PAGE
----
Activision Blizzard will sell cosmetic items in Diablo IV. Lead designer Joe Shely revealed that Blizzard plans to monetise some cosmetics during an interview with Twitch streamer Quintin Crawford.
Crawford is better known as Quin69, a streamer who made a name for himself playing the Monk class in Diablo III. He has since switched his focus to World of WarCraft. Crawford was interviewing Shely on his Twitch channel following the announcement of Diablo IV at Blizzcon.
Ralph Panebianco, who operates a YouTube channel called Skill Up, highlighted Shely's answer to Crawford's question on Twitter.
Crawford asked Shely how Blizzard plans to monetise Diablo IV. Shely said that Diablo IV will have a base price, expansions packs, and cosmetic microtransactions.
Asked if cosmetics would be available through a shop of some kind, Shely replied: "It's still very early, but yes."
Crawford commented that he likes the microtransaction business model as it will fund ongoing development of Diablo IV and ensure that the game doesn't die.
In response, Shely said: "It's also an opportunity to have more options available than you would otherwise. I mean, you build more stuff, of course."
Crawford's interview with Shely is embedded below. His monetisation questions happens at around the 18:20 mark.
Having microtransactions in a full-price game is a contentious issue in the gaming community, even if they are for purely cosmetic gear and not items that can provide players with an in-game advantage.
Some players argue that there is no problem with monetising in-game items, provided that it has no material impact on gameplay. Others are critical of the claim that such in-game items allow developers to offer players more options, or that cosmetic items are truly optional in games like Diablo.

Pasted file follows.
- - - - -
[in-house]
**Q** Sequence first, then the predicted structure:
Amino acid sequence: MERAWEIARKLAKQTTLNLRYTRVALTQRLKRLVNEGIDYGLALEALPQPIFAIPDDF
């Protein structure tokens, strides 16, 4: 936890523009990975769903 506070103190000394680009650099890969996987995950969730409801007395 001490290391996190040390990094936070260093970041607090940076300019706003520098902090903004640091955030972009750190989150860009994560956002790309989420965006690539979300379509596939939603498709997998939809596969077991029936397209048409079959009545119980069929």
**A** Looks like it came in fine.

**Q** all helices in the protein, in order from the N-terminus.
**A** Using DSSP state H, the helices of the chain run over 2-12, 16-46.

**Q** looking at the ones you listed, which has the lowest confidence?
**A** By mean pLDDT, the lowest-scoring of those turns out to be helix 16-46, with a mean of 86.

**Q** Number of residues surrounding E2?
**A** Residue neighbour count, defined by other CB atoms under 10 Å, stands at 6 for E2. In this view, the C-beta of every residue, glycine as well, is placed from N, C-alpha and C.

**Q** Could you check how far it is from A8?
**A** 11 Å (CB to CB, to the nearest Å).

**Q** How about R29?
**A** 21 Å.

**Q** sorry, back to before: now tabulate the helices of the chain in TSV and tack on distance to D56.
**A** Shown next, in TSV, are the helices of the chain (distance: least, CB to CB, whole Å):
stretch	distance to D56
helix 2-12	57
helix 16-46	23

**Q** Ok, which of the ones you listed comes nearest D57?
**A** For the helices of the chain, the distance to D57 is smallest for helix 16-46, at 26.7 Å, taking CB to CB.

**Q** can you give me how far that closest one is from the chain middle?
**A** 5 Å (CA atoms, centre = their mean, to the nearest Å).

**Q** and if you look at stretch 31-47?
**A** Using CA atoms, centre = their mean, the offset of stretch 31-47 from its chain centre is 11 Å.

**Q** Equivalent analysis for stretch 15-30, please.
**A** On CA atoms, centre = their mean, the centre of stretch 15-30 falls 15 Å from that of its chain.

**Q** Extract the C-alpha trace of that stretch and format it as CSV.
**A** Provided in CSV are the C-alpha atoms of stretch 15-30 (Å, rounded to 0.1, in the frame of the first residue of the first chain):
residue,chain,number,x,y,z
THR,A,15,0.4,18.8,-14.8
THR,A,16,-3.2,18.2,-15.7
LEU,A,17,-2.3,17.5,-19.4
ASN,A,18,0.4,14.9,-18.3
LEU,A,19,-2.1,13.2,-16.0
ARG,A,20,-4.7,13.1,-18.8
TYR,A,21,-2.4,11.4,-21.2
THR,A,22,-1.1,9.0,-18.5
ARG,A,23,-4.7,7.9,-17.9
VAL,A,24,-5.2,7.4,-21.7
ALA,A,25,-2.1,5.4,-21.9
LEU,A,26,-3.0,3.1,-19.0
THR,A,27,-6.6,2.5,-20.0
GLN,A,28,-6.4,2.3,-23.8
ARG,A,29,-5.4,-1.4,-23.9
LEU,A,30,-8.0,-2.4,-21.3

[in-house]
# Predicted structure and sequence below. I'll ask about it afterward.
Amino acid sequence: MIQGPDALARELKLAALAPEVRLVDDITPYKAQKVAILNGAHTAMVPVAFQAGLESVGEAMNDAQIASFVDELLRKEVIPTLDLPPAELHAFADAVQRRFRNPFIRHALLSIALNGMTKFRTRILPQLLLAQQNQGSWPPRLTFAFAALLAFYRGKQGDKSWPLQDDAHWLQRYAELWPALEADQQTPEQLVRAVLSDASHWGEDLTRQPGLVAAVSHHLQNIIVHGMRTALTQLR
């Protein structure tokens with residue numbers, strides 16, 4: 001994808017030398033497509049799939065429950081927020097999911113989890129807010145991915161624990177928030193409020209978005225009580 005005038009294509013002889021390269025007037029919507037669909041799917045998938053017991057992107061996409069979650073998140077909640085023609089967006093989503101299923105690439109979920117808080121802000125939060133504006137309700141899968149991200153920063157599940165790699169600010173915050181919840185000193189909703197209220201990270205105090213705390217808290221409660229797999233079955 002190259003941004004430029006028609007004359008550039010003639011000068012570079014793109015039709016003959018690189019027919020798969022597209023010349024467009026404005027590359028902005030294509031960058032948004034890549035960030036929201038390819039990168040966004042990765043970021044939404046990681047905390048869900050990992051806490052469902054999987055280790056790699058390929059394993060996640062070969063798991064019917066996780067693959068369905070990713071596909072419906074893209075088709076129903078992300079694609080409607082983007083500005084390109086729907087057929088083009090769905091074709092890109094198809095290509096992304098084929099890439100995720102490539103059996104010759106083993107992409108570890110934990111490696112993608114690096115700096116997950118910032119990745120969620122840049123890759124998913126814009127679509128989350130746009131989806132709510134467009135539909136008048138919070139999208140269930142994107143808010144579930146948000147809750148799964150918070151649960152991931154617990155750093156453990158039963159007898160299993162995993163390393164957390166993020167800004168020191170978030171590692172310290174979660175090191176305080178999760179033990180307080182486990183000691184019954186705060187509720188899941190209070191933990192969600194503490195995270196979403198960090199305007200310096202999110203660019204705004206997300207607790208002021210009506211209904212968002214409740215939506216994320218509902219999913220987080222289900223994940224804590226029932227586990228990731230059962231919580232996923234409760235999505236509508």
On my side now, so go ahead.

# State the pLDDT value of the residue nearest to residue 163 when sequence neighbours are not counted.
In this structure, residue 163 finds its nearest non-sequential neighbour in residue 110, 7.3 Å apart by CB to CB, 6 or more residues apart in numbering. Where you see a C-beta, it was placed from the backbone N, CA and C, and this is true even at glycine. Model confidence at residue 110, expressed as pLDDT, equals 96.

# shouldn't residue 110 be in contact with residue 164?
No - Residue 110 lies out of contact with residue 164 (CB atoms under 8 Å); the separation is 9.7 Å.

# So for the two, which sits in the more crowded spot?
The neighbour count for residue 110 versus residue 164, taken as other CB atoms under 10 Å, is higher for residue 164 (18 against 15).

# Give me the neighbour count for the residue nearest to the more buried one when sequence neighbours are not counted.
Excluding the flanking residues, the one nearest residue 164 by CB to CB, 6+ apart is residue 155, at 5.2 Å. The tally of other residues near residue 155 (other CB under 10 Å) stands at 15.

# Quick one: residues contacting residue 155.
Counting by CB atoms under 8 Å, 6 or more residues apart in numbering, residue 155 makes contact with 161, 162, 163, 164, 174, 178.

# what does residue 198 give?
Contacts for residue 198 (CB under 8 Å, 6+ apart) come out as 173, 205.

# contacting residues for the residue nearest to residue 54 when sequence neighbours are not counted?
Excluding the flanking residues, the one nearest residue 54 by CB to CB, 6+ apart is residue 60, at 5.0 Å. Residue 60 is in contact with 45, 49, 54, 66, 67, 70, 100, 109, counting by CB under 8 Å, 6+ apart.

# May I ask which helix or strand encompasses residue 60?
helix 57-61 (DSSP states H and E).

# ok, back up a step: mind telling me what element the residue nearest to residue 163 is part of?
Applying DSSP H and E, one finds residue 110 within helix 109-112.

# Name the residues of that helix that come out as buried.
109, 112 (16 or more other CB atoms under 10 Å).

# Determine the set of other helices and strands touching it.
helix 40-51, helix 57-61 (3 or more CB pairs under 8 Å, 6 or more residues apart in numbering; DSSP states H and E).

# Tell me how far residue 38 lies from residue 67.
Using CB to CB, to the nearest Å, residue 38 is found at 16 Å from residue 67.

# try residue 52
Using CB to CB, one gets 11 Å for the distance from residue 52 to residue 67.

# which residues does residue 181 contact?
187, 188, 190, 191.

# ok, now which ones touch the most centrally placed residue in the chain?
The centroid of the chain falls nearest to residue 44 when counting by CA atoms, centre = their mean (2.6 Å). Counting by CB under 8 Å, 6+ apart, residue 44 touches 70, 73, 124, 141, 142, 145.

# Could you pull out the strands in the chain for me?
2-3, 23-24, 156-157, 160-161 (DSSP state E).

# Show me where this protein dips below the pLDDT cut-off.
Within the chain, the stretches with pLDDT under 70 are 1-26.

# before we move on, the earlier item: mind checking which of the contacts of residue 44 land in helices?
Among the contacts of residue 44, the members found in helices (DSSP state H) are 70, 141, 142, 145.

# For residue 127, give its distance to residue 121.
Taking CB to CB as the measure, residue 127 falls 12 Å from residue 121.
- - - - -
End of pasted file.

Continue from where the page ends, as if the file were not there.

Diablo III received a robust cosmetic "transmogrification" system with its paid-for expansion, Reaper of Souls. Transmogrification in Diablo III requires only in-game currency.
However, certain cosmetic items in Diablo III and other Blizzard titles have always been linked to purchases. If you bought the Collector's Edition of Reaper of Souls, you would get an exclusive pet and certain "skins" for your weapon and armour.
Blizzard would also offer such exclusives across its franchises to reward players who buy several of its games. If you bought the Collector's Edition of StarCraft: Legacy of the Void, it would include a StarCraft-themed pet and armour transmogrifications.
In addition to such premium cosmetics, Diablo III players could earn cosmetic items as rewards during "seasons". Seasons are free, regular updates to Diablo III. You have to reach specific milestones or complete challenges to earn the cosmetic items of a season.
Shely's revelation that Diablo IV will include cosmetic microtransactions has resulted in an (understandable) knee-jerk reaction.
Ultimately, it will come down to how Blizzard decides to implement these microtransactions.
While some players will be opposed to the idea on principle, others won't care one way or the other so long as the new paid-for cosmetics are truly additional, and do not subtract from Diablo IV.